Diverse Dialogues on Race and Culture: Fixing Lawrence’s Achievement Gap
How can we ensure that all students get a fair shot at a good education? We’ll discuss the issues contributing to Lawrence’s achievement gap, and how we can serve all of our students better as a community.
John Rury Ph.D., is a historian of American education and also conducts research in education policy studies, especially regarding metropolitan schools. He is particularly concerned with inequality in education, past and present. He presently serves on the executive committee of the Kansas City Area Educational Research Consortium (KCAERC), and as co-director of the Urban Experience Seminar at KU’s Hall Center for the Humanities.
Subini Annamma Ph.D., is an Assistant Professor in the Department of Special Education at the University of Kansas. Her research focuses on increasing access to equitable education for historically marginalized students and communities, particularly students with disabilities. Dr. Annamma is the first author on Dis/ability Critical Race Studies (DisCrit): Theorizing at the intersections of race and dis/ability, which was published in Race, Ethnicity and Education in 2013 and is included in the 2nd edition of Foundations of Critical Race Theory in Education.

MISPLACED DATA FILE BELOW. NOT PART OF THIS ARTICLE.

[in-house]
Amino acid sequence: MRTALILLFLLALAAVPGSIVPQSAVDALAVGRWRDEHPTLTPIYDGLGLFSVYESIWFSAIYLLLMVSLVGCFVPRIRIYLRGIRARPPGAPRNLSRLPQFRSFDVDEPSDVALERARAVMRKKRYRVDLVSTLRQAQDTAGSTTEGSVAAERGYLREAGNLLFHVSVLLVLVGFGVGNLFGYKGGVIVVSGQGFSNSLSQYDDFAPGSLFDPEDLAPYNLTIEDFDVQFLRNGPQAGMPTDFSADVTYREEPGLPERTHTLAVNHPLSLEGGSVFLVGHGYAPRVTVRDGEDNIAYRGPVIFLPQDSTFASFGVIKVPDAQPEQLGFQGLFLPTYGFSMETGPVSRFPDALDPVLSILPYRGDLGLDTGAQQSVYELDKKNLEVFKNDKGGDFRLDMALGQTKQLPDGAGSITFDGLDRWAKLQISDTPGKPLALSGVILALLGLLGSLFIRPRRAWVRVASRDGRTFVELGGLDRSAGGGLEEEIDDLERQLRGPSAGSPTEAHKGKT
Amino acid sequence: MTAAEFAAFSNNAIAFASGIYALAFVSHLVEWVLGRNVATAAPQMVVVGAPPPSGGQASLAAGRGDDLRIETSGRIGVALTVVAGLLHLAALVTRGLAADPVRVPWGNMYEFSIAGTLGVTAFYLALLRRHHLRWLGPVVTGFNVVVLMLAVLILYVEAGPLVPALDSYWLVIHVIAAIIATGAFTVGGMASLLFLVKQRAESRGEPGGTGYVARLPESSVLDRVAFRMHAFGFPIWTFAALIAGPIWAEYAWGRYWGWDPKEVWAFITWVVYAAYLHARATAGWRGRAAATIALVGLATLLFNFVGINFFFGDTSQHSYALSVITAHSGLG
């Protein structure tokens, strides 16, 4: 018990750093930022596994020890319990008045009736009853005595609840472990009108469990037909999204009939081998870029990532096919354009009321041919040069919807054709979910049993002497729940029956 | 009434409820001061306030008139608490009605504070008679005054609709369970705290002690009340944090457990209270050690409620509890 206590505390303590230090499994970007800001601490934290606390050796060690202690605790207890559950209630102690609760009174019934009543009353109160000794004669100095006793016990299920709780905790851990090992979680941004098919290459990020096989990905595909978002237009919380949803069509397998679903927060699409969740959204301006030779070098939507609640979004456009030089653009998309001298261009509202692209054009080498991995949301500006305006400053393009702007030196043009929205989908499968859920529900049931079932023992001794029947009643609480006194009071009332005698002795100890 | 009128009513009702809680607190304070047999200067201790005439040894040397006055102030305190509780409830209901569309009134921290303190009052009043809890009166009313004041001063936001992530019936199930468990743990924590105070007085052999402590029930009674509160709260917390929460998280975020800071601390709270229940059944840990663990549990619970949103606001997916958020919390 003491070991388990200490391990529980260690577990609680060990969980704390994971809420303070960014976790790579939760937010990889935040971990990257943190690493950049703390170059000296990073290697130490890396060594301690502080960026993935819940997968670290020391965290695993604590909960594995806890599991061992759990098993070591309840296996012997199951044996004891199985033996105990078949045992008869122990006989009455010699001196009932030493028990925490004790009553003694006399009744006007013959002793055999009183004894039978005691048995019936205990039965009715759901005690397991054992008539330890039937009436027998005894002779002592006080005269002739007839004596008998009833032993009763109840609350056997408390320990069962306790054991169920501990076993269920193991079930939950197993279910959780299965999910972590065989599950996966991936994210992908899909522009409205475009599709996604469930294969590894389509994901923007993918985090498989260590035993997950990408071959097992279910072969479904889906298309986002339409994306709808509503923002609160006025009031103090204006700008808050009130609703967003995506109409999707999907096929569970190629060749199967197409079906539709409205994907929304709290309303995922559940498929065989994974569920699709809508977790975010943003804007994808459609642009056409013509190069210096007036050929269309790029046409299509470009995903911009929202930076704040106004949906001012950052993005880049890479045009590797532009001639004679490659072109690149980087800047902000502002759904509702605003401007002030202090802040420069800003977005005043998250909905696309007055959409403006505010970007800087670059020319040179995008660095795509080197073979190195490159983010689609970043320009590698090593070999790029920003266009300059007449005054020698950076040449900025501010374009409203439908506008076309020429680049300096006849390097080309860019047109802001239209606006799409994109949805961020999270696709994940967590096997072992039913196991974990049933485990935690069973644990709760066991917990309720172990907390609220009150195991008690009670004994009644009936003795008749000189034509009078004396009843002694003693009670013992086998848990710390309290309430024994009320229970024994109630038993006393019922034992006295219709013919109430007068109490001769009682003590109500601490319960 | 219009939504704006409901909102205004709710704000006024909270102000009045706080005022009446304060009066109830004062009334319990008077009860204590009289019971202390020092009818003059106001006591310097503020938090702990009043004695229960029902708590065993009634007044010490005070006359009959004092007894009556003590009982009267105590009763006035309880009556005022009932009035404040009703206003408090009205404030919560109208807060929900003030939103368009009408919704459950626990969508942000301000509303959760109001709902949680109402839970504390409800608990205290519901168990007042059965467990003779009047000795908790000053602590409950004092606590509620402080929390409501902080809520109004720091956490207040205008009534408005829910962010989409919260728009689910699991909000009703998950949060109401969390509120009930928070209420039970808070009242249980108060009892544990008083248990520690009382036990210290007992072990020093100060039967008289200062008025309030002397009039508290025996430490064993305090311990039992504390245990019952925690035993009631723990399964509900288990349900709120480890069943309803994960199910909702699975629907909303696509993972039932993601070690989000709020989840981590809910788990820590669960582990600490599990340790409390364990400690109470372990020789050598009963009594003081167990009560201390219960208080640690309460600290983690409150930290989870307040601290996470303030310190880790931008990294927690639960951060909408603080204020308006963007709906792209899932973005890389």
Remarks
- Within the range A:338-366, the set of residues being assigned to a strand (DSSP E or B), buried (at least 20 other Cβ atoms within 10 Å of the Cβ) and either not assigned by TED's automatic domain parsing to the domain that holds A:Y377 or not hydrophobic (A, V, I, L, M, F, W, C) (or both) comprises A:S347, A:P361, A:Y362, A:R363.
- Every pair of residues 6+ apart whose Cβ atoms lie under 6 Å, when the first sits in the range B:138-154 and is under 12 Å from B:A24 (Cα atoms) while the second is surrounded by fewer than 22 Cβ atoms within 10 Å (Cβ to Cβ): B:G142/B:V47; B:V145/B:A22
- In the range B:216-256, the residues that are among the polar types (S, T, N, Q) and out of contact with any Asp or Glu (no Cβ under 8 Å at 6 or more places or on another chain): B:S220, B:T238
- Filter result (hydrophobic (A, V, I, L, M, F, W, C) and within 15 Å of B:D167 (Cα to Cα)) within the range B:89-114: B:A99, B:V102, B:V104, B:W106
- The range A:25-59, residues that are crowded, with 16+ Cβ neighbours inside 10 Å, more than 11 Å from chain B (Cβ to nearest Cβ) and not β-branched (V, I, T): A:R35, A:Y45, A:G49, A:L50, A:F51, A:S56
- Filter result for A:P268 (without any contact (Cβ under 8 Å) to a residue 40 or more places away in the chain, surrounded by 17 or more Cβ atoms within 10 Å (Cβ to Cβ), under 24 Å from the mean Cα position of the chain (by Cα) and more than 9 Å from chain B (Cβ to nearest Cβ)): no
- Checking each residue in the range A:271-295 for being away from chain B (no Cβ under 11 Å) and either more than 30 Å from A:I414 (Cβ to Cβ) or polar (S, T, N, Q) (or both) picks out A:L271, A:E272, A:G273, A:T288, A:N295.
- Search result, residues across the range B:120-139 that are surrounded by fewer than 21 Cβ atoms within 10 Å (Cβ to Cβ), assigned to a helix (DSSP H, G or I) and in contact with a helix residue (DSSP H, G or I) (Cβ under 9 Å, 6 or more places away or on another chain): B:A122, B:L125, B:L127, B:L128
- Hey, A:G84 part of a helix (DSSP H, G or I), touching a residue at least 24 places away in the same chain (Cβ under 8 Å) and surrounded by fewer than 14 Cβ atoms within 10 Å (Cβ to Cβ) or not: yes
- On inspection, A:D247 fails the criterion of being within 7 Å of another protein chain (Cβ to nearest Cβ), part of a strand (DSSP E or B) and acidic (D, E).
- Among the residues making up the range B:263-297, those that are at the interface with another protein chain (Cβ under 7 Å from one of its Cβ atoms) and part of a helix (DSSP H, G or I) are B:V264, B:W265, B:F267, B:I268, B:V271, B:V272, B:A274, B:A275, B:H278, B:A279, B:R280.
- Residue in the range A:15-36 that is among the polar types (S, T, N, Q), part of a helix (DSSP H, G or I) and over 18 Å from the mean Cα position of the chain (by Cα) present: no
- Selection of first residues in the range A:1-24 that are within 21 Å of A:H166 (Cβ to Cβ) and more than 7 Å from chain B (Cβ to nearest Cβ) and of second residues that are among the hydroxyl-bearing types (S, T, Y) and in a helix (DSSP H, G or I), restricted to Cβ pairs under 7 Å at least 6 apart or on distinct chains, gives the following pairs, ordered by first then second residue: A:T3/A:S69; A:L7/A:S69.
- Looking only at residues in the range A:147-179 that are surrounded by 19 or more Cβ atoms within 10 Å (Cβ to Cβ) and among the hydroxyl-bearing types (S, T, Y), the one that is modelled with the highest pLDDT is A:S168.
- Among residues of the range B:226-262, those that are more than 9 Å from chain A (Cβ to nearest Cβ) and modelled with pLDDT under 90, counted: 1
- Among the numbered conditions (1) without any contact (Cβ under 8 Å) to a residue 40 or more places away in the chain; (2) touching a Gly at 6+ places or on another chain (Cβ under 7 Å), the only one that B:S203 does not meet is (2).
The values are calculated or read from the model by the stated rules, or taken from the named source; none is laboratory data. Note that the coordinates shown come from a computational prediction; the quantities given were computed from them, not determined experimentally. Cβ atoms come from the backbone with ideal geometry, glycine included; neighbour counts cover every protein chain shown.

Willie Amison is a graduate of the University of Kansas with bachelor’s, master’s and Ed.D. in education. He has had long career in the Lawrence Public Schools as a teacher and administrator. Amison co-founded the Can We Talk mentoring initiative in the Lawrence Public School and he currently serves as an academic adviser within the University of Kansas TRIO/Educational Opportunity Center.
In partnership with the Langston Hughes Center, the City of Lawrence, and the Department of African and African-American Studies.
- Contact: Kristin Soper
- Contact Information: firstname.lastname@example.org